Days and Lives :: Labor

Prisoner: Alexander Dolgun

“The work was much too hard for the amount of food and rest we got. People died every day, especially the older men. As the weather got colder the rate of deaths increased. We were issued gloves and padded jackets and trousers, but they were badly worn and not much protection as the temperature began to drop. My hands were always cold. At those altitudes, with no bodies of water and no vegetation to moderate the temperature, September slips into winter very quickly. Cold numbed fingers could not hold onto handles and levers and timbers and crates, and there were many accidents, often fatal. One man was crushed when we were rolling logs off of a flat car, using two logs as a ramp. He was buried when twenty or more logs let loose at once and he was not fast enough.”


Prisoners performed back-breaking physical labor in inhospitable climates and received food rations that barely sustained their nutritional needs. Work defined life in the Gulag, but some prisoners occasionally found ways to avoid the hardest labor which gave them some feeling of control over their difficult situation.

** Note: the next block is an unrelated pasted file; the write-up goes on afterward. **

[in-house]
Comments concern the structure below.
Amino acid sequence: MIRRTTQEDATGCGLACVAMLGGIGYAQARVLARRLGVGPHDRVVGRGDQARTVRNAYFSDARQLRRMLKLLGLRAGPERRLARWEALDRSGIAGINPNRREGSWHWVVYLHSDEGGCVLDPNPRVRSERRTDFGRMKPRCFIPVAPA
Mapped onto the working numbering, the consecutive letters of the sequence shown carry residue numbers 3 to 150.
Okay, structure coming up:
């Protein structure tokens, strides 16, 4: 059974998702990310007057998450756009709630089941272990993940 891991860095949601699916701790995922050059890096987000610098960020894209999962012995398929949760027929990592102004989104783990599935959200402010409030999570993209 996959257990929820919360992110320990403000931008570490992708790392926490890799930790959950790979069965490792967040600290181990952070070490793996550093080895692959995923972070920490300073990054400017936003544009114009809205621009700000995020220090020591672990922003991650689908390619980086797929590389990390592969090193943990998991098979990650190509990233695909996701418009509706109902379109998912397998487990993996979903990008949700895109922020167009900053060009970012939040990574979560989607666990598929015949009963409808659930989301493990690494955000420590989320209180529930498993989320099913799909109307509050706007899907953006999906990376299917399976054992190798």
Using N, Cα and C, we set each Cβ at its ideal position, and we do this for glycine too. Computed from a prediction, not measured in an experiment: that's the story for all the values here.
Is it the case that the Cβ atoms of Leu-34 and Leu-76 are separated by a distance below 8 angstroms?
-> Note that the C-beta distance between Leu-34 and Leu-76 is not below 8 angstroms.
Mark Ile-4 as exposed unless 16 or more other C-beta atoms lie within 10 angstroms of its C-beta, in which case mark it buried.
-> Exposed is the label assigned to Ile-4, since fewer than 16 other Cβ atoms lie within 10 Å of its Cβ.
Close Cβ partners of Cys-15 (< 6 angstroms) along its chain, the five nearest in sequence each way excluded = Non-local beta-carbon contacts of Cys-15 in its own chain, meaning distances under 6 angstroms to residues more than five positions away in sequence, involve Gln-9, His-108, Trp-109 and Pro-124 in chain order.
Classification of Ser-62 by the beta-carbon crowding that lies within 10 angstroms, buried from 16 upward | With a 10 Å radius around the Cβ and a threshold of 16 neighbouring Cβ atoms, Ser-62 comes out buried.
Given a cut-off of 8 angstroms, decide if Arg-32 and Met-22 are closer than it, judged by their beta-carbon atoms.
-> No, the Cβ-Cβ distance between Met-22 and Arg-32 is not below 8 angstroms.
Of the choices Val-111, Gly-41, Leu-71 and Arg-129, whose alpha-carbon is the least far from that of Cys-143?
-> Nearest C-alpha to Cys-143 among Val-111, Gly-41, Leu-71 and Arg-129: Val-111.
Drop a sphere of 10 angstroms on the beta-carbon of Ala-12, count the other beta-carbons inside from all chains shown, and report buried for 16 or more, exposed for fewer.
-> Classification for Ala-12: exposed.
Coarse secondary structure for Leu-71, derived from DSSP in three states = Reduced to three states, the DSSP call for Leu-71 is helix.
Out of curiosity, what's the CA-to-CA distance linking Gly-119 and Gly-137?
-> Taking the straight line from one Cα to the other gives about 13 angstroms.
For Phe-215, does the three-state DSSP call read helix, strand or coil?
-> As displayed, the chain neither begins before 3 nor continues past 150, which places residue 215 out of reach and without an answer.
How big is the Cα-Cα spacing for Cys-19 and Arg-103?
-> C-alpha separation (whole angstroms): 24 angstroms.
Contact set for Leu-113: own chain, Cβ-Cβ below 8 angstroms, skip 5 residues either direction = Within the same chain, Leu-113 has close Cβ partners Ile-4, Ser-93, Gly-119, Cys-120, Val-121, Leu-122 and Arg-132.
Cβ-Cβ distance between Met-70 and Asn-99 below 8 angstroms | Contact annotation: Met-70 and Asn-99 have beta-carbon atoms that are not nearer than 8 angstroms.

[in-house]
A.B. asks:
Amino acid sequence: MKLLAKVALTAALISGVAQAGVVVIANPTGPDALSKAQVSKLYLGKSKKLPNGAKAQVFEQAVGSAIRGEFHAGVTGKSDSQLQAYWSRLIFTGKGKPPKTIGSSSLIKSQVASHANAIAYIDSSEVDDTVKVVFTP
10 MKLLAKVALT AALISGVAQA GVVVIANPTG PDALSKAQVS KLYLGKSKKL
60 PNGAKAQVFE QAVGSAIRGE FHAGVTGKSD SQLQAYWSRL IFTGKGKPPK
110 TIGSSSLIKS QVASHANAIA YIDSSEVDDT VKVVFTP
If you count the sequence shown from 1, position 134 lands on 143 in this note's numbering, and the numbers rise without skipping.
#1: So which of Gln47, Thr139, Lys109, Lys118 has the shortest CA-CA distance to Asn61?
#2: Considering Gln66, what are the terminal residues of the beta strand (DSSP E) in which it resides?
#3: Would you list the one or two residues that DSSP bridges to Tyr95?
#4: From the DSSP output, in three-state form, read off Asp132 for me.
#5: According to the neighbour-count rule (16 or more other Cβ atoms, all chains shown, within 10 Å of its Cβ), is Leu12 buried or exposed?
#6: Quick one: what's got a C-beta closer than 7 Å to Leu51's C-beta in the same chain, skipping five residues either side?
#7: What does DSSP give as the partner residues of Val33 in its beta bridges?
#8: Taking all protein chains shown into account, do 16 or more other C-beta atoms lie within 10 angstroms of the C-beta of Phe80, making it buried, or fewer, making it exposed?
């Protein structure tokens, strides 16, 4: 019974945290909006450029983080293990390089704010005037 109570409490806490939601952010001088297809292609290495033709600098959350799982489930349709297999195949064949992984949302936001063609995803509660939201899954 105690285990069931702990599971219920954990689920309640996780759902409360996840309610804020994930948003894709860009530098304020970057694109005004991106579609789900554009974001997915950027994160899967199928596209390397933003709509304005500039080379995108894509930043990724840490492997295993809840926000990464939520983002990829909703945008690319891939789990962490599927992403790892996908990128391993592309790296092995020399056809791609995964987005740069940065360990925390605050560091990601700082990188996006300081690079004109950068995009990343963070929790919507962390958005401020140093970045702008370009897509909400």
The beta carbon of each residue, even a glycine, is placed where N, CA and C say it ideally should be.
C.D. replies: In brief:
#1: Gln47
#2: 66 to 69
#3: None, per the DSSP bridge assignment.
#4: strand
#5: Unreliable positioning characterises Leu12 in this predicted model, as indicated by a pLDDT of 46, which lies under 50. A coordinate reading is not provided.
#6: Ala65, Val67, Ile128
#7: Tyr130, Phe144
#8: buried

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Armed guards and attack dogs accompanied many prisoners’ daily march to their Gulag worksite. Icy winds battered their poorly clothed and barely fed bodies. Prisoners will die this day digging in the mines. Prisoners will die this day digging a 140-mile canal with the most primitive tools. Prisoners will die in the forest and in construction. Only the lucky will avoid hard labor in a workshop, a cafeteria or an office.

Gulag labor was inefficient and often lethal. Officials distributed food according to labor output, forcing prisoners to work long, hard hours trying to complete often impossible quotas, so that they might receive a full food ration. But even full rations often failed to provide enough calories to ensure health and survival. Exhaustion and starvation constantly accompanied prisoners. Many returned from work dead—carried on the backs of their fellow prisoners who then had to extend their workday to dig graves for the fallen.